Later on the same day, after dinner at a BBQ restaurant near the hotel in Meguro, I went off by myself, intent on spending quality time in Shinjuku’s music shops (Shinjuku Station by the way is the world’s busiest train station). I planned on going to Book Off there, and hopefully a vinyl place. I did find a Disk Union, but it was already closed (at 8 pm which seems a bit early to me, even if it was a Sunday). So, I went to Book Off, but as it would turn out they were soon closing too, at 9 pm. So, I quickly rummaged through the 200 yen section and found this album.

This is Cypress Hill’s fifth album and it is pretty good. It is different to “Black Sunday” in that it mixes in some rock elements. Also included are two bonus discs with eight extra songs in total, all good tracks.

For 200 yen this was the bargain of the weekend.

Bob Mould – Bob Mould

As Book Off was closing I quickly went to the “B” section where I had noticed this earlier, grabbed it, then went straight to the counter.

Good stuff from Bob, a solid album.

The Cramps – Psychedelic Jungle/Gravest Hits

The next day we drove to a city called Mito, in Ibaragi Prefecture, which is a two-hour drive north from Tokyo. My mission whenever we visit a new place is to seek out the local Book Off, which we were able to do in Mito.

This CD was the first one I found, and I was most pleased as The Cramps are an old favourite. This is good stuff of course.

Therapy? – Troublegum

Next in Mito I found this in the 280 yen section.

I generally find Therapy? to be good but not great, and this album is no different. It is not a disappointment though.

Therapy? have been around since 1989, and have quite a few albums to their name. Their next album is due out next month.

Public Enemy – He Got Game

The last CD I got in Mito, and the last overall is this soundtrack to the film starring Denzel Washington, a film I have never seen.

I had to get it because it is Public Enemy, a band I have several releases from, and a band that always makes good music.

I put this in the car stereo to listen to on the long trip back home. Unfortunately though that is where the disc still remains as the stereo is refusing to spit it out. I have tried forcing it out, but it just won’t move…dang! So, I listened to it three times over in the car before turning the sound completely down as listening to any album too many times over can cause negative effects.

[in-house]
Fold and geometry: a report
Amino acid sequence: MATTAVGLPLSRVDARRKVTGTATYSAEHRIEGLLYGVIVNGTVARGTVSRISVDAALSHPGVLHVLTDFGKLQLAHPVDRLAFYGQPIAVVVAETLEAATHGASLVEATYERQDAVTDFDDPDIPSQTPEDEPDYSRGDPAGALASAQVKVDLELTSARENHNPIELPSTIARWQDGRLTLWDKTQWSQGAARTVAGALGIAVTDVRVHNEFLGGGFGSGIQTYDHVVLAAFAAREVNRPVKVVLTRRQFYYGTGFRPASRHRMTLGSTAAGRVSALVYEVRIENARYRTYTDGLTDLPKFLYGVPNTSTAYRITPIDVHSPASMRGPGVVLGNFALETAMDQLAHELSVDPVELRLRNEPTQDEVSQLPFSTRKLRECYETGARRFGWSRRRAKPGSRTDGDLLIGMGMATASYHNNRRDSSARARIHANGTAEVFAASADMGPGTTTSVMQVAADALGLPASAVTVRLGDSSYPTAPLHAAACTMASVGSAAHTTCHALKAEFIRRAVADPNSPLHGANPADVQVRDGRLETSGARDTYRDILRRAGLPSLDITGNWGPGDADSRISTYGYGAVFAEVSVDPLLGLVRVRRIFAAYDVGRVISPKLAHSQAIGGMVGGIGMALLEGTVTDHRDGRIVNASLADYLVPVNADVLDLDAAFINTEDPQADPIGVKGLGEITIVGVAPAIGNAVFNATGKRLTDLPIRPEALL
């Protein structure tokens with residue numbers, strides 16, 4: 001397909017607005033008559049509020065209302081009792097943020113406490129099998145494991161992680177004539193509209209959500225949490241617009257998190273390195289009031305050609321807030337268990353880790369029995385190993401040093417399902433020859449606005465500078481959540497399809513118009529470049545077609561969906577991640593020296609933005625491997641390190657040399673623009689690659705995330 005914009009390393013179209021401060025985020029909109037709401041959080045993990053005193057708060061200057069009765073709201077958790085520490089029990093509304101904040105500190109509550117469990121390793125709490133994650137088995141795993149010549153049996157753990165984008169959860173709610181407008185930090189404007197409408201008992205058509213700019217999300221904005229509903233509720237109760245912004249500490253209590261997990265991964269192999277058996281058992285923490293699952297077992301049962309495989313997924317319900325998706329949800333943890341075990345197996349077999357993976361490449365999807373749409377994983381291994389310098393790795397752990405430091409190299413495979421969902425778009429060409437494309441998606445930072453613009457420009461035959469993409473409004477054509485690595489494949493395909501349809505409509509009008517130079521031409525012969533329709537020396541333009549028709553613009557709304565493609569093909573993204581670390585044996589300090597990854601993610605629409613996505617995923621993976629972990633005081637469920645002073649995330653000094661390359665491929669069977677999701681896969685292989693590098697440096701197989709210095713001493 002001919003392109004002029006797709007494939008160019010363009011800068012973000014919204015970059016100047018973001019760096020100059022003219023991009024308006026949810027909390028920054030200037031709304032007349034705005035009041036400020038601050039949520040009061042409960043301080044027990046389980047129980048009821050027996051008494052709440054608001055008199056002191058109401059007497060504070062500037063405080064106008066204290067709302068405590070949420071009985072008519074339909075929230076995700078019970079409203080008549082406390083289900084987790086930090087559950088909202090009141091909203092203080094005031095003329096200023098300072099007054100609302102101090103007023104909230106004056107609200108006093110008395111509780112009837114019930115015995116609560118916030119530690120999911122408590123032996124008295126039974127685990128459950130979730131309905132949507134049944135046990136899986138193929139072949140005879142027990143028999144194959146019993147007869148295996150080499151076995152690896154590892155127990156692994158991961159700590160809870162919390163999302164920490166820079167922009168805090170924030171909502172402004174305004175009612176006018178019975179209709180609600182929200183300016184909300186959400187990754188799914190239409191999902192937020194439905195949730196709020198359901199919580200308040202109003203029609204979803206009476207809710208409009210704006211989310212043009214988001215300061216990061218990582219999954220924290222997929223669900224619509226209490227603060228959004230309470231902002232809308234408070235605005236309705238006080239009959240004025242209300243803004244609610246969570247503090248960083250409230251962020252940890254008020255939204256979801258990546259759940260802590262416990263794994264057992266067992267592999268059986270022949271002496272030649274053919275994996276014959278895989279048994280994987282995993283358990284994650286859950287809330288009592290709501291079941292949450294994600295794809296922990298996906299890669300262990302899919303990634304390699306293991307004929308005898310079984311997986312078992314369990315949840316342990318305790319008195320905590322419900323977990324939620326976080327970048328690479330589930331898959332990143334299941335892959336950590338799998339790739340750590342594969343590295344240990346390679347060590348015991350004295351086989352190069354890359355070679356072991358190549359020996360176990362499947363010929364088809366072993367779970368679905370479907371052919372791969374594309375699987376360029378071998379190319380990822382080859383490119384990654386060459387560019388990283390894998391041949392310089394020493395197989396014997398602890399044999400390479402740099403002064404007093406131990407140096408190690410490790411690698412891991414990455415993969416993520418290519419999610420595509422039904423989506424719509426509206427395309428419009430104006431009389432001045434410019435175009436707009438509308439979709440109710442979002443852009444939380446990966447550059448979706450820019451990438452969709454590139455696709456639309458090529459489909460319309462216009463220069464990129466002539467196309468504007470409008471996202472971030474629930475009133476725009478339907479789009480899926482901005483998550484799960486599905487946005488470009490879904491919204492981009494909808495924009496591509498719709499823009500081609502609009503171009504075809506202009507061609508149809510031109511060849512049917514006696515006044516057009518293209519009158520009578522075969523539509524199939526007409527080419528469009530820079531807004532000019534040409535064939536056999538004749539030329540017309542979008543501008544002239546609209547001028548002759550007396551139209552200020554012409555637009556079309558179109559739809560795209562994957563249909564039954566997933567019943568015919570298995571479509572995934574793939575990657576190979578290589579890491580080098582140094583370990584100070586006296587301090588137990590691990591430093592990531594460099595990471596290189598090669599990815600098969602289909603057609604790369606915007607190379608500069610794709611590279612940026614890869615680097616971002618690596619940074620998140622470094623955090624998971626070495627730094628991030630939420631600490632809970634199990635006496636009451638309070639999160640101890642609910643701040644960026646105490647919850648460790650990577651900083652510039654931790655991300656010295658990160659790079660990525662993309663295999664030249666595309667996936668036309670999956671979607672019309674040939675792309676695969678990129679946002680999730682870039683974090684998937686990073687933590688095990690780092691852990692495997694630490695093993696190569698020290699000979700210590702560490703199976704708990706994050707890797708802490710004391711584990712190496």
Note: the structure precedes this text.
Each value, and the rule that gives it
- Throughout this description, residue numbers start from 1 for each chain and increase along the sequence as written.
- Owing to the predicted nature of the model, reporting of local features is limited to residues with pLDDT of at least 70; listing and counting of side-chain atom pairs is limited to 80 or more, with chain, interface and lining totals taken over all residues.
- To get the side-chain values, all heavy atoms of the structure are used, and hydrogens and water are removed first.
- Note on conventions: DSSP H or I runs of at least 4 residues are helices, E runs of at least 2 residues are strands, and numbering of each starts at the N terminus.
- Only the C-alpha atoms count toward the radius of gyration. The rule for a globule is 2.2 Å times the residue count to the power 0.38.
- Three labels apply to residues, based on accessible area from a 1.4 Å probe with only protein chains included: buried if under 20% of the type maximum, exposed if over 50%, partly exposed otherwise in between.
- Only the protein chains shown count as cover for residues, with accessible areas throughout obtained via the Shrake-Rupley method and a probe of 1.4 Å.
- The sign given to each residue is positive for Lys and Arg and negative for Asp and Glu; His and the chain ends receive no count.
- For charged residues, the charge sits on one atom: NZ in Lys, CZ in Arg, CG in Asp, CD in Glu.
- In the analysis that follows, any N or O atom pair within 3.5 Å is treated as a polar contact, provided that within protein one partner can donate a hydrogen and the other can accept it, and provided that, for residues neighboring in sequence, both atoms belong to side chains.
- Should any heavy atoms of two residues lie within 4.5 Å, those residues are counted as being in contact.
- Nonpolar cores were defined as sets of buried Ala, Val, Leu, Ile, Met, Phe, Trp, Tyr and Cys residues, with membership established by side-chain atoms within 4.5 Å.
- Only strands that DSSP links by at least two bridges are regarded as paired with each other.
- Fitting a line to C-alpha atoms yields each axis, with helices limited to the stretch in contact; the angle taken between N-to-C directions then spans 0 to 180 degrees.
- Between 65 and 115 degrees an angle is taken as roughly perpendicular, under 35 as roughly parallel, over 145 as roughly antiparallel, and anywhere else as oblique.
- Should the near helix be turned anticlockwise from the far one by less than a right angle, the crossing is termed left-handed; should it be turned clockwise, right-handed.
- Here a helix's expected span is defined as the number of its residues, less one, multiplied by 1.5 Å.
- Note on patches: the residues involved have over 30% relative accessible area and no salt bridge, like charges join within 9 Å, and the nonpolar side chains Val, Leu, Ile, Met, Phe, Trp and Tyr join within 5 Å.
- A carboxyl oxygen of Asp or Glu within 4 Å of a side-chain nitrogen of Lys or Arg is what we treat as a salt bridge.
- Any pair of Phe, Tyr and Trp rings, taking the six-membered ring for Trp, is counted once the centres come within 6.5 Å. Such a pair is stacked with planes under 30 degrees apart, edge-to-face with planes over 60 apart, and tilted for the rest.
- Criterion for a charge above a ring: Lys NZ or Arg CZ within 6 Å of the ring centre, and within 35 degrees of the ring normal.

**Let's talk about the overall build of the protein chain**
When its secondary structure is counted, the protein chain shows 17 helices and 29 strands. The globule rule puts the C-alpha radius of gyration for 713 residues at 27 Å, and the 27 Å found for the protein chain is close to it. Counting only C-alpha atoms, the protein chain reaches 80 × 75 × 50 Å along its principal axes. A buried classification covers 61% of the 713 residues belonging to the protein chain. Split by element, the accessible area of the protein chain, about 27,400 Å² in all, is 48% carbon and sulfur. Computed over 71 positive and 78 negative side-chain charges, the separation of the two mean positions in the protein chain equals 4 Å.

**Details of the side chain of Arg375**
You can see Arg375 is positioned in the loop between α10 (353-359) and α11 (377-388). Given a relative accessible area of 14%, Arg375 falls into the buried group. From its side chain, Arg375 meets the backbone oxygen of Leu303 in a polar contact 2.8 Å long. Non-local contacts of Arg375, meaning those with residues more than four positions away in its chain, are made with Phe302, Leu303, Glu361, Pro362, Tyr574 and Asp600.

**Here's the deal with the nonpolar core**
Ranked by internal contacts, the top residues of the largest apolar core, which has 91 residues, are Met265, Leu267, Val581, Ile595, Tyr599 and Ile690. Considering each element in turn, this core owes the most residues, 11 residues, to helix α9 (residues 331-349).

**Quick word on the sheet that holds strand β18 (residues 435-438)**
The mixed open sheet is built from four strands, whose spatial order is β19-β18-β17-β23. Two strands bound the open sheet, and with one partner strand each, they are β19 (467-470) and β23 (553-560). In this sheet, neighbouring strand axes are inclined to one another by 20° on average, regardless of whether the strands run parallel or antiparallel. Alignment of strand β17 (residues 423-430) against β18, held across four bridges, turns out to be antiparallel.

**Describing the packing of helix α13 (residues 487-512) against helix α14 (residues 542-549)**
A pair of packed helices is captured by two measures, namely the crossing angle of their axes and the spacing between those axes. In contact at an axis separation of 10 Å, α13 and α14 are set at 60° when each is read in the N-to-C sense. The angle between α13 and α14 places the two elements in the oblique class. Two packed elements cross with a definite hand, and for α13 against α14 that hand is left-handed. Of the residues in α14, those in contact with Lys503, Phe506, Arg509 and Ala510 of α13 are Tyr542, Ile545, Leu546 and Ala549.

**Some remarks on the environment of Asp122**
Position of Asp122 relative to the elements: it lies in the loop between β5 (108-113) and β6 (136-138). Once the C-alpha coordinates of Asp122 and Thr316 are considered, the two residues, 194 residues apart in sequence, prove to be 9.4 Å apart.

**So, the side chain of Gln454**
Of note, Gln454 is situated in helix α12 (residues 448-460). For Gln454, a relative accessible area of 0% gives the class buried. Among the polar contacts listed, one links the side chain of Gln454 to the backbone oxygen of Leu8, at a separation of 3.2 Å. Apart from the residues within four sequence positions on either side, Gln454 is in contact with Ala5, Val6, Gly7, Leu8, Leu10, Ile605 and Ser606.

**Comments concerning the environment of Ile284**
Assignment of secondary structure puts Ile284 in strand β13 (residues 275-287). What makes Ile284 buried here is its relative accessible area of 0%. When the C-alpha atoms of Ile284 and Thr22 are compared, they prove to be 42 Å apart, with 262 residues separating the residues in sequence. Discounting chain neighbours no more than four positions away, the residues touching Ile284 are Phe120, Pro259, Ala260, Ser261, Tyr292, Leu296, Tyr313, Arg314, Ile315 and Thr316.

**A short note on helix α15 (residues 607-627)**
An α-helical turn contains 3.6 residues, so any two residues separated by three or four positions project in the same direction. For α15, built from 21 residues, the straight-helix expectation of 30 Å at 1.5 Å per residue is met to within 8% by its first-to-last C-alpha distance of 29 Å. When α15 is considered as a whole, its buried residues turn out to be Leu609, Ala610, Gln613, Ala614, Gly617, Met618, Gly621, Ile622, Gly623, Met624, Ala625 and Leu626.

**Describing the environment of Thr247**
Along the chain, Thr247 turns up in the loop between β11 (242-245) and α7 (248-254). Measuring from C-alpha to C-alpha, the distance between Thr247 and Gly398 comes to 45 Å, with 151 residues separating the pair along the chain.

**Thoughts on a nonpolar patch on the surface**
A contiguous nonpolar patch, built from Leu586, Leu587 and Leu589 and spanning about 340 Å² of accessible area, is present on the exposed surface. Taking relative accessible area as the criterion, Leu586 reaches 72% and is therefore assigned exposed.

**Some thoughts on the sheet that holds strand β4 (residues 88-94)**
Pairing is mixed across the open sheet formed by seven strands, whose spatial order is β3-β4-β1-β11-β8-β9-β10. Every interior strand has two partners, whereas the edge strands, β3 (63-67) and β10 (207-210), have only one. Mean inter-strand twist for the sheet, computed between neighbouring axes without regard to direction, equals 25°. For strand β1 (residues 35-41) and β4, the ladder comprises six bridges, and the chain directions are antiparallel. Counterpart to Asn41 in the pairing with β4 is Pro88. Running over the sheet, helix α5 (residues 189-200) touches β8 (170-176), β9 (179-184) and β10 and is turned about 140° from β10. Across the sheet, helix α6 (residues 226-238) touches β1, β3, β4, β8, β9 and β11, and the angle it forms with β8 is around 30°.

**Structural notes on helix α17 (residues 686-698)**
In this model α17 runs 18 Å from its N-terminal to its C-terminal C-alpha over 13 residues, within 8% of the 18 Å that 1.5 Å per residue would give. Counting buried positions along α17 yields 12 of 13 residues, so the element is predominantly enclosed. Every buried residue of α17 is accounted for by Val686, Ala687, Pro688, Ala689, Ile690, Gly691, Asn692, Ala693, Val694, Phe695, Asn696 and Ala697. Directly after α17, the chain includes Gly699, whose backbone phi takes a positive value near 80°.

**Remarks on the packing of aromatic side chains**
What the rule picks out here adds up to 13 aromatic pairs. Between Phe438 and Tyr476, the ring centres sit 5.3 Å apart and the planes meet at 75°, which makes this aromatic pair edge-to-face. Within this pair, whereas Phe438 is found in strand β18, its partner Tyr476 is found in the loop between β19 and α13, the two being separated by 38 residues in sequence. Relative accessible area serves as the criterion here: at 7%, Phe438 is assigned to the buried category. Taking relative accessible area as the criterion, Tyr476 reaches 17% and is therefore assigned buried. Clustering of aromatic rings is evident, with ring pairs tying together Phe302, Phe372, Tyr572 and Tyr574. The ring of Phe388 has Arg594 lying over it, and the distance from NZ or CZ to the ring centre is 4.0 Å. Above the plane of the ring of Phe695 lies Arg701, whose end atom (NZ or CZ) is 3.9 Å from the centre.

And this is another good P.E. album, and certainly one of the best original soundtracks for any film.

So, while my plan to spend ten grand did not work out, I am still quite pleased with what I got, not a dud in all of them. I will just have to figure out how to get Public Enemy out of the car.

Music count 2018: 80

Forward the Page of Fame

It is high time an author was added to the MBMS Page of Fame. My two choices were Isaac Asimov and Arthur C. Clarke, but I decided on Isaac because his Foundation series of books is pure genius, although Arthur’s Rama series is a very close second. Isaac’s sideburns certainly helped.

And it looks as though there may be a series made based on the Foundation books, made by Apple.

Arthur will certainly be added at a later date.

Faster Than Humbug

The music purchasing is still a bit anemic, so I have only two to speak of.

Bulletbelt – Faster Than Death

I was internetting a few nights ago, and I came across this release on Bandcamp.

Bulletbelt are a Wellington (New Zealand) black metal band who have been metalling since 2009. Usually I don’t go for black metal, but this was just so darn catchy that I had to buy it immediately…it was only NZ$2 anyway.

As I said it is catchy, and is really more thrash metal than black. It is also very well produced, it sounds good cranked up a bit. They have three albums as well, but after sampling those I decided that this single will be about all I buy from them for the moment, they all didn’t grab me much.

Arctic Monkeys – Humbug

The Arctic Monkeys are a band I have only gotten into in recent times, beginning with their first album which is top stuff. I also have a few other albums and an EP, so when I saw this album buying it was a forgone conclusion.

And it is a decent album, but at this point I would say it is not nearly as good as the first album. No regrets though. I am looking forward to listening to their latest album which from what I have read is good stuff, and quite different.

Next Monday we are off to Tokyo for one night, so I will be going to Shibuya where there are a couple of vinyl places I want to visit, along with my usual haunts when I go there. Looking forward to it.

Music count 2018: 73

Tetro

Today’s film review is in pirate speak, for no particular reason. Aye.

’tis a 2009 film starrin’ Vincent Gallo, ‘n directed by Francis Ford Coppola.

’twas filmed in Argentina ‘n be a U.S./Argentina/Spain co-production wit’ a cast o’ mostly Argentinian actors, along wit’ Vincent ‘n Alden Ehrenreich, who I could nah place ’til th’ end credits. Both o’ them, along wit’ th’ rest o’ th’ cast were mighty good.

Th’ cinematography too was excellent, mostly filmed in glorious black ‘n white. Th’ scenes taken in th’ Patagonia mountains were beautiful. ‘n th’ tale itself was reasonably simple, but multi-layered, ‘n told th’ tale o’ a difficult family relationship well. Thar was a good endin’ too, quite unexpected, although unlike many films o’ th’ ilk it went fer th’ safe endin’.

Alden Ehrenreich were bein’ great in his role, this bein’ his first film aft bein’ discovered by Steven Spielberg. While watchin’ this ’twas hard nah t’ reckon ye were watchin’ a young Leonardo Decaprio, he looks kind o’ like ‘im ‘n had a similar actin’ style.

A mighty good, but nah great film I would say. I would recommend watchin’ this wit’ a good white wine, ‘n a nice selection o’ cheese.

Lookin’ at Vincent’s website I see that ye can buy some rather pricey booty.

Translation by Pirate Monkeyness.

Date watched: August 4th
Score: 7.5/10
Film count 2018: 52

Today’s Kirk Fact

Kirk is 17th on the AFI’s list of 50 greatest screen legends, just behind Orson Welles, and in front of James Dean, and his female counterpart is Lillian Gish. He is the highest ranking living person on the list. Tom Cruise is not on the list.

Here is Kirk with Johnny Cash, listed on Rolling Stones’ list of great country artists of all time at number three.